Remember, says Dr. Silvers, “If you get the flu, even if it’s a mild case and you don’t have symptoms, you could still pass it along to someone for whom getting the flu is a big deal, even deadly, like a grandparent, a newborn, or someone who has a weakened immune system—such as a person who is undergoing chemotherapy.”

Myth #4: I’m young and healthy, so I don’t need to get vaccinated for the flu.

Fact: The CDC recommends that nearly everybody 6 months and older get vaccinated for the flu. That’s because the flu is a contagious disease that can lead to serious illness, like pneumonia, as well as missed work or even hospitalization for otherwise healthy people.

Myth #5: I can’t get a flu shot because I’m pregnant.

Fact: The CDC recommends that all pregnant women get flu vaccinations because pregnant women are at a higher risk for serious complications from flu. Flu may also be harmful for a developing baby. Getting the flu shot while you’re pregnant even helps protect your baby from the flu for months after birth because moms pass antibodies to their babies before they’re born. And that’s important, says Dr. Silvers, because babies younger than 6 months can’t get the flu vaccine and are more likely to suffer serious complications from the flu.

Myth #6: I got vaccinated for the flu last year, so I don’t need it again this year.

Fact: You must get the vaccine every year in order to protect yourself and others from the flu. Why? Dr. Silvers explains, “The immune protection you get from a flu shot declines over time and flu viruses are constantly mutating.” These mutations are why the flu vaccine is updated every year.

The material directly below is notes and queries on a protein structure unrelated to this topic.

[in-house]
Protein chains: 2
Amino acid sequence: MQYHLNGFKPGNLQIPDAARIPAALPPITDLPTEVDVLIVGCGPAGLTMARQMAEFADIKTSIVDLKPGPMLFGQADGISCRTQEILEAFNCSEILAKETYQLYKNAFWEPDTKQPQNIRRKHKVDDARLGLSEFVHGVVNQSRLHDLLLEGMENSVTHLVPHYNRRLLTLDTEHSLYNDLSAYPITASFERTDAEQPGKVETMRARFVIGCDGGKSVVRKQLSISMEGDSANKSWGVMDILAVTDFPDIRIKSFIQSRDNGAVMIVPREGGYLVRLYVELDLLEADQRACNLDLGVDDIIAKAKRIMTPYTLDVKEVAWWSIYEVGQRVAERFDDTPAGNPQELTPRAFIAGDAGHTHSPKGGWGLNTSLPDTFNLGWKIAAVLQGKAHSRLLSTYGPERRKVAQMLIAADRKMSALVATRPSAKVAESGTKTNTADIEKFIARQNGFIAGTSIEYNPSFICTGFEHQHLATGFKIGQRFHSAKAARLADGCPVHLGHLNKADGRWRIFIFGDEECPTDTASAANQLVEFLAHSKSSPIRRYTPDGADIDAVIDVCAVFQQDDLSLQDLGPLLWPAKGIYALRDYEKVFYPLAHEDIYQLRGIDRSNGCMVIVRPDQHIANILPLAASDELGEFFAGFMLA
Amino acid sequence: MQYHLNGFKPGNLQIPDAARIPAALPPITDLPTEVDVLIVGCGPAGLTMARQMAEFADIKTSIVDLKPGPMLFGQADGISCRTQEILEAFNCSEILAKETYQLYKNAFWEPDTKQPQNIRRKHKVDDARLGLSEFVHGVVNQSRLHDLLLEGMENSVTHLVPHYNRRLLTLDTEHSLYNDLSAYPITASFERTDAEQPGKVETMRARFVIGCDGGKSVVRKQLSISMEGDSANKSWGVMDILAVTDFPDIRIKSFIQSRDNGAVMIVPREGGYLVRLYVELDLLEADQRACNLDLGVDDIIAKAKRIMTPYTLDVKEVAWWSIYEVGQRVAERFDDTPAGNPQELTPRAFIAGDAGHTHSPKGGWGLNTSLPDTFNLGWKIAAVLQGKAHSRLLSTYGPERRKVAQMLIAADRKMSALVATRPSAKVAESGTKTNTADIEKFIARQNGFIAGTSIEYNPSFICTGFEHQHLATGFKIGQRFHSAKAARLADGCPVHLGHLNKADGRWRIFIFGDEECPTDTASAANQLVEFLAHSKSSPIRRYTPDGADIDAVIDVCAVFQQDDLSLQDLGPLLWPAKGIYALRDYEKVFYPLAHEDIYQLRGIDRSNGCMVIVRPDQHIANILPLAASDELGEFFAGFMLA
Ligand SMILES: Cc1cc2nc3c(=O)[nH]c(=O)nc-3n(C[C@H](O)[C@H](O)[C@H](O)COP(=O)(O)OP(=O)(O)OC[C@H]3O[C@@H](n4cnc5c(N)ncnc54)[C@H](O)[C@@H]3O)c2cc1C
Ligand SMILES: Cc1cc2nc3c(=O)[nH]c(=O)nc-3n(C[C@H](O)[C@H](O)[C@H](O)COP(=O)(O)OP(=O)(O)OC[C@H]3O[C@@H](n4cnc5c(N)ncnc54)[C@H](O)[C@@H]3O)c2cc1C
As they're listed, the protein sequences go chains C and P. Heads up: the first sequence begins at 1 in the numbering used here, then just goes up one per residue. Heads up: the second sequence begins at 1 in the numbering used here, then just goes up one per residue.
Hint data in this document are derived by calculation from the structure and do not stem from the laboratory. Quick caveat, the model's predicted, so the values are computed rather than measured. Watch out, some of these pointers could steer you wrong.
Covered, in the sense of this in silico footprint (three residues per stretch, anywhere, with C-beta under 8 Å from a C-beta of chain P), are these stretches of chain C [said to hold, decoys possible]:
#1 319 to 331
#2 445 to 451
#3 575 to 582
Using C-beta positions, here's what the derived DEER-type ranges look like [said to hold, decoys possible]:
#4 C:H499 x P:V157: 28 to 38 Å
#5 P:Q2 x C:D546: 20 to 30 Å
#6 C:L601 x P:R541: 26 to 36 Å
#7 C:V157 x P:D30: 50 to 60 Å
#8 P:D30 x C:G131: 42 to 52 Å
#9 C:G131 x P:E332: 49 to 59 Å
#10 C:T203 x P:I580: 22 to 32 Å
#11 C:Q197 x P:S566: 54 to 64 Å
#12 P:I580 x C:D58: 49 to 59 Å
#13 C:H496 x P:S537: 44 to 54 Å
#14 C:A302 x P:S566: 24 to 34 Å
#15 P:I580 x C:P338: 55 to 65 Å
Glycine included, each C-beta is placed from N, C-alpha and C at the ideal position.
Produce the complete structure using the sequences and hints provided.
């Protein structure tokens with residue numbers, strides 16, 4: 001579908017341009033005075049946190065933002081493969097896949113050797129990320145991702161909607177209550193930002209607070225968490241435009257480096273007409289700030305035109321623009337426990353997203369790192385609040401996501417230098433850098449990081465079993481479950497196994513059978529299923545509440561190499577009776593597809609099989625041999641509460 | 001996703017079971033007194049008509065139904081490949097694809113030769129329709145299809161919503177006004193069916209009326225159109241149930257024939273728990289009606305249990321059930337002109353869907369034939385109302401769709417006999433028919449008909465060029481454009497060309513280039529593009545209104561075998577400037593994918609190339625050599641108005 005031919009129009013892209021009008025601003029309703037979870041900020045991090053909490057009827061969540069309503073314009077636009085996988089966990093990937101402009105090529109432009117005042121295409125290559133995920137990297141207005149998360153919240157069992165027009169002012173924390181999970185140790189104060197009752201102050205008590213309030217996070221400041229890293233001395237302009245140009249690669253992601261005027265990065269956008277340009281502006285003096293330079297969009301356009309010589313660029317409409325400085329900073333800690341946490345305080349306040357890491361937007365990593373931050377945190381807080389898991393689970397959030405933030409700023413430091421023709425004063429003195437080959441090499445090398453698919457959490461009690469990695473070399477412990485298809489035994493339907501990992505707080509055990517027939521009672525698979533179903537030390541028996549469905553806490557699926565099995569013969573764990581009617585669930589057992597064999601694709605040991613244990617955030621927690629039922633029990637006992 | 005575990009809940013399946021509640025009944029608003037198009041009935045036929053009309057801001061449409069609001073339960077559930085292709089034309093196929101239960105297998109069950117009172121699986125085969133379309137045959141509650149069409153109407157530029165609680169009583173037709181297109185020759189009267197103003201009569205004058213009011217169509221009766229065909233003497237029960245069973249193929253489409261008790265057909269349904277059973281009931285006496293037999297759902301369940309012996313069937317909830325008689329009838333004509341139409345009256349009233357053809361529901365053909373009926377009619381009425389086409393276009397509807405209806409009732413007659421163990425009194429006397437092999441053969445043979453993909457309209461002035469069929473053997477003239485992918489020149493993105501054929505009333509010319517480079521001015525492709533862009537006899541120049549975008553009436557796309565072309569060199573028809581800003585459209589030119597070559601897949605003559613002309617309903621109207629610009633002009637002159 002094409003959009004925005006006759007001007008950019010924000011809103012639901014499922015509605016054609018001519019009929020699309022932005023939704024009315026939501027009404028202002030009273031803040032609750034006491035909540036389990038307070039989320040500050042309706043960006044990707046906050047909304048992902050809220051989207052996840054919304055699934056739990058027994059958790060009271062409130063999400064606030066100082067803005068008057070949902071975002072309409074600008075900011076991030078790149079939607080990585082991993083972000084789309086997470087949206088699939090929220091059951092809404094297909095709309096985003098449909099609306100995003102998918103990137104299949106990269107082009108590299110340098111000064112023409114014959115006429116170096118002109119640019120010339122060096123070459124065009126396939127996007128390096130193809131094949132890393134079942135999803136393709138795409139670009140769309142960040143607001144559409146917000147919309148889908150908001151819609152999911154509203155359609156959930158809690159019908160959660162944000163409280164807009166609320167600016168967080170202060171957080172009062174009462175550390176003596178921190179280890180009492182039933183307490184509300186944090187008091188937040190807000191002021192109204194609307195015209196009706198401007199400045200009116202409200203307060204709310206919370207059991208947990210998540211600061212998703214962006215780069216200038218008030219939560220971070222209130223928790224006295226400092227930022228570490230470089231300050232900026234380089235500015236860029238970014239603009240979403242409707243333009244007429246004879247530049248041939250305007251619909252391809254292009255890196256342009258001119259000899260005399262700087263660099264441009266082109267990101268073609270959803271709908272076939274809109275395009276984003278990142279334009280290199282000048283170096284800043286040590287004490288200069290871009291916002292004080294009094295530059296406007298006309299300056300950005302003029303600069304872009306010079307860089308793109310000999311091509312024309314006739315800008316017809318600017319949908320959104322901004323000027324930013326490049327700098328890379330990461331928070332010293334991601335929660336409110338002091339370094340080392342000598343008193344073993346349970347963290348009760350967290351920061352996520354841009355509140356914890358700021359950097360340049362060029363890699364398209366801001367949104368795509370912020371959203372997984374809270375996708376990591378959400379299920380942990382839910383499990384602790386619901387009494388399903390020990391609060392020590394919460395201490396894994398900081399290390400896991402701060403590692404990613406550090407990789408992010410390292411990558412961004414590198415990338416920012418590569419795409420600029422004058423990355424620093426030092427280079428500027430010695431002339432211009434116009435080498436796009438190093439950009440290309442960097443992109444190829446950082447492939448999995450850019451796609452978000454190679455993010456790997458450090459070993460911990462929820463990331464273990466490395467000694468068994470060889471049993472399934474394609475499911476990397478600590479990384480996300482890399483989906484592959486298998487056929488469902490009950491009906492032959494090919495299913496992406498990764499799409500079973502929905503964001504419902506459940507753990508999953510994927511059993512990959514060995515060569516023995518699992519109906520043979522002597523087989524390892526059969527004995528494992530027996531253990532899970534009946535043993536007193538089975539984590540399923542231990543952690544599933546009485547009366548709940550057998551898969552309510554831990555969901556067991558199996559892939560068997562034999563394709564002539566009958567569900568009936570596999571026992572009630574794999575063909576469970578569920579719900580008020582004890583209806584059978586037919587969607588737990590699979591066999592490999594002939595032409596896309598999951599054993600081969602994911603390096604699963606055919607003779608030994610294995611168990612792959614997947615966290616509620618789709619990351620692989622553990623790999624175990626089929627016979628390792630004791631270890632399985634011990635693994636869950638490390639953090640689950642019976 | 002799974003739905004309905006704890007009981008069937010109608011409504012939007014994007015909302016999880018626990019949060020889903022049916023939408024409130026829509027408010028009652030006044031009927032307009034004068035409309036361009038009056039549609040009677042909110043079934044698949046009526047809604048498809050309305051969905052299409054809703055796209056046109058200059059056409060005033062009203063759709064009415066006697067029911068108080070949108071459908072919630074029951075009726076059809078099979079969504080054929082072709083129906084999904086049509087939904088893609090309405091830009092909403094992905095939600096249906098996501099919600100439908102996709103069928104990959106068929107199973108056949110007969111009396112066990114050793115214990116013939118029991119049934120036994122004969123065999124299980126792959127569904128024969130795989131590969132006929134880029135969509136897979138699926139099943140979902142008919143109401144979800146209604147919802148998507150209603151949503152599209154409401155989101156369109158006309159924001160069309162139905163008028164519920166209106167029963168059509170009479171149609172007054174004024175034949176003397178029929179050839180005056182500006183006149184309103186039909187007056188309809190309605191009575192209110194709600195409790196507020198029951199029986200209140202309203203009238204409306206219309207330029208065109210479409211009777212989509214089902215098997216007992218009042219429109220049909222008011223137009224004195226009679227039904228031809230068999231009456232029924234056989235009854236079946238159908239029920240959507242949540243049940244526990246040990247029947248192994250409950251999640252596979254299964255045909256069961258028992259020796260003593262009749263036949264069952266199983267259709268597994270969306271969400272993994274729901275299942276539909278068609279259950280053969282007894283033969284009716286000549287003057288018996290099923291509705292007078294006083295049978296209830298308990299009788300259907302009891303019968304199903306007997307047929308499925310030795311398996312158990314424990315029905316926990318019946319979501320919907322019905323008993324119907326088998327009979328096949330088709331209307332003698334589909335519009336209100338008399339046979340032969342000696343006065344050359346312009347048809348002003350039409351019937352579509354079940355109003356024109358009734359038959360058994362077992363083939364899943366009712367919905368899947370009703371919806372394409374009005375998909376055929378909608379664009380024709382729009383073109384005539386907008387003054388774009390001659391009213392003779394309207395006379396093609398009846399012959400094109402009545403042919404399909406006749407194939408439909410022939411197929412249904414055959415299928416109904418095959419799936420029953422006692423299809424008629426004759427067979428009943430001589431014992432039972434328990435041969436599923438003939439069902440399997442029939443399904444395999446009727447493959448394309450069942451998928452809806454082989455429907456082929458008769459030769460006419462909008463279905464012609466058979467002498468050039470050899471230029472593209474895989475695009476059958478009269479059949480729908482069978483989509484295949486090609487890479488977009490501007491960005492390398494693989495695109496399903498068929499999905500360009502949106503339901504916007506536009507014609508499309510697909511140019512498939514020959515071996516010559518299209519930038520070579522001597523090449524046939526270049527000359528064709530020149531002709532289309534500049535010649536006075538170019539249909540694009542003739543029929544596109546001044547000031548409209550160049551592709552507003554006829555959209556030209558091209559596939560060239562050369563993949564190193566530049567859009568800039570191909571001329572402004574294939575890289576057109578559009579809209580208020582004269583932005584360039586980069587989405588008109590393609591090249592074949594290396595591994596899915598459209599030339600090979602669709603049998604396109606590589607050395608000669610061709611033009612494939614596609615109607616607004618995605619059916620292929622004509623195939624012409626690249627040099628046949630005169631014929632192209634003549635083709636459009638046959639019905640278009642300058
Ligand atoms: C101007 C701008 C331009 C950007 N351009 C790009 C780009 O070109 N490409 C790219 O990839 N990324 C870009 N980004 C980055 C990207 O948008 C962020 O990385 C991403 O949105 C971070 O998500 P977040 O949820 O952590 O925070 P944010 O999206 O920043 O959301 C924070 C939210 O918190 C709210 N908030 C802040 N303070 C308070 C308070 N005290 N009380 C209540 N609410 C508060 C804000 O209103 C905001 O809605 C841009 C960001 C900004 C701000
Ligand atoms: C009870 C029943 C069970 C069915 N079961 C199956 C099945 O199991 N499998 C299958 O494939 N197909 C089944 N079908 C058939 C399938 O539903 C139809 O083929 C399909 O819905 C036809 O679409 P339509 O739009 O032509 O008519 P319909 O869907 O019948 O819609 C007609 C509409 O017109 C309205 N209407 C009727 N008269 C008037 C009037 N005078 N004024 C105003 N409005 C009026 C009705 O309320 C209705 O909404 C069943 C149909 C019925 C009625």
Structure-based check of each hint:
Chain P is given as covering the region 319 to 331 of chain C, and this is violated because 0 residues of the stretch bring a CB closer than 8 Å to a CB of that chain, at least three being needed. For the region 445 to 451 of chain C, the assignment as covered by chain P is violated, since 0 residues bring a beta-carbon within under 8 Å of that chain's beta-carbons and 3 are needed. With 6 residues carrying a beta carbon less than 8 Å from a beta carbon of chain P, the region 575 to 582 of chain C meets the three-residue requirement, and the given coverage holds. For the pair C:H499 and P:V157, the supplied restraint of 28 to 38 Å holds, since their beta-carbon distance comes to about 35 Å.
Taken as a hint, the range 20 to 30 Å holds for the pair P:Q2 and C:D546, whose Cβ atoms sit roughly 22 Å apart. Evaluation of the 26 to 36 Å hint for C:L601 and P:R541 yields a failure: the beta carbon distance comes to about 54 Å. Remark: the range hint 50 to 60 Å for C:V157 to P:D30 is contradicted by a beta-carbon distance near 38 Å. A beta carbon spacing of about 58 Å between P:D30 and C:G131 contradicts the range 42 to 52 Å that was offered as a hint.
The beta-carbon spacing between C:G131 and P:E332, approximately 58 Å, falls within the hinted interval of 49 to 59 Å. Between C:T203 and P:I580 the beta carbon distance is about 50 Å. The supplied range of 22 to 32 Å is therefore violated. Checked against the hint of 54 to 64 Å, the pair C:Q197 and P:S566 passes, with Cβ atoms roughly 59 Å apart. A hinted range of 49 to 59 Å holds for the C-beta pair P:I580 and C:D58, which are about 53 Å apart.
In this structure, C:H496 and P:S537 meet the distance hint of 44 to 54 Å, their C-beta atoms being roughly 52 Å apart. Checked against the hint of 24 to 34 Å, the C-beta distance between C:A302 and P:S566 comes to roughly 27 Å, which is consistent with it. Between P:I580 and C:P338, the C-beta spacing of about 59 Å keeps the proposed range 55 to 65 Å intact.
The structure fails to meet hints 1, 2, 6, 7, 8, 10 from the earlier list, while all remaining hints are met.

The bottom line? For the best protection, nearly everyone 6 months and older should get vaccinated annually.

Okay, I’m convinced. Where can I get a flu shot?

Flu shots are available by appointment at your doctor’s office. Same day flu shots are available by appointment at Sutter Walk-In Care facilities. Click here for more information and flu vaccination resources.

COVID-19 and the Flu: Time to Arm Yourself with a Flu Shot

Posted on Sep 17, 2020 in Safety, Scroll Images, Uncategorized, Wellness

This fall, we could face a flu season like no other. In the midst of the coronavirus pandemic, it’s possible to become sick with the flu and COVID-19 at the same time. You don’t want to risk being infected with both because as reported in the Journal of the American Medical Association, people infected with COVID-19 and flu may be more likely to be hospitalized with severe and sometimes deadly disease.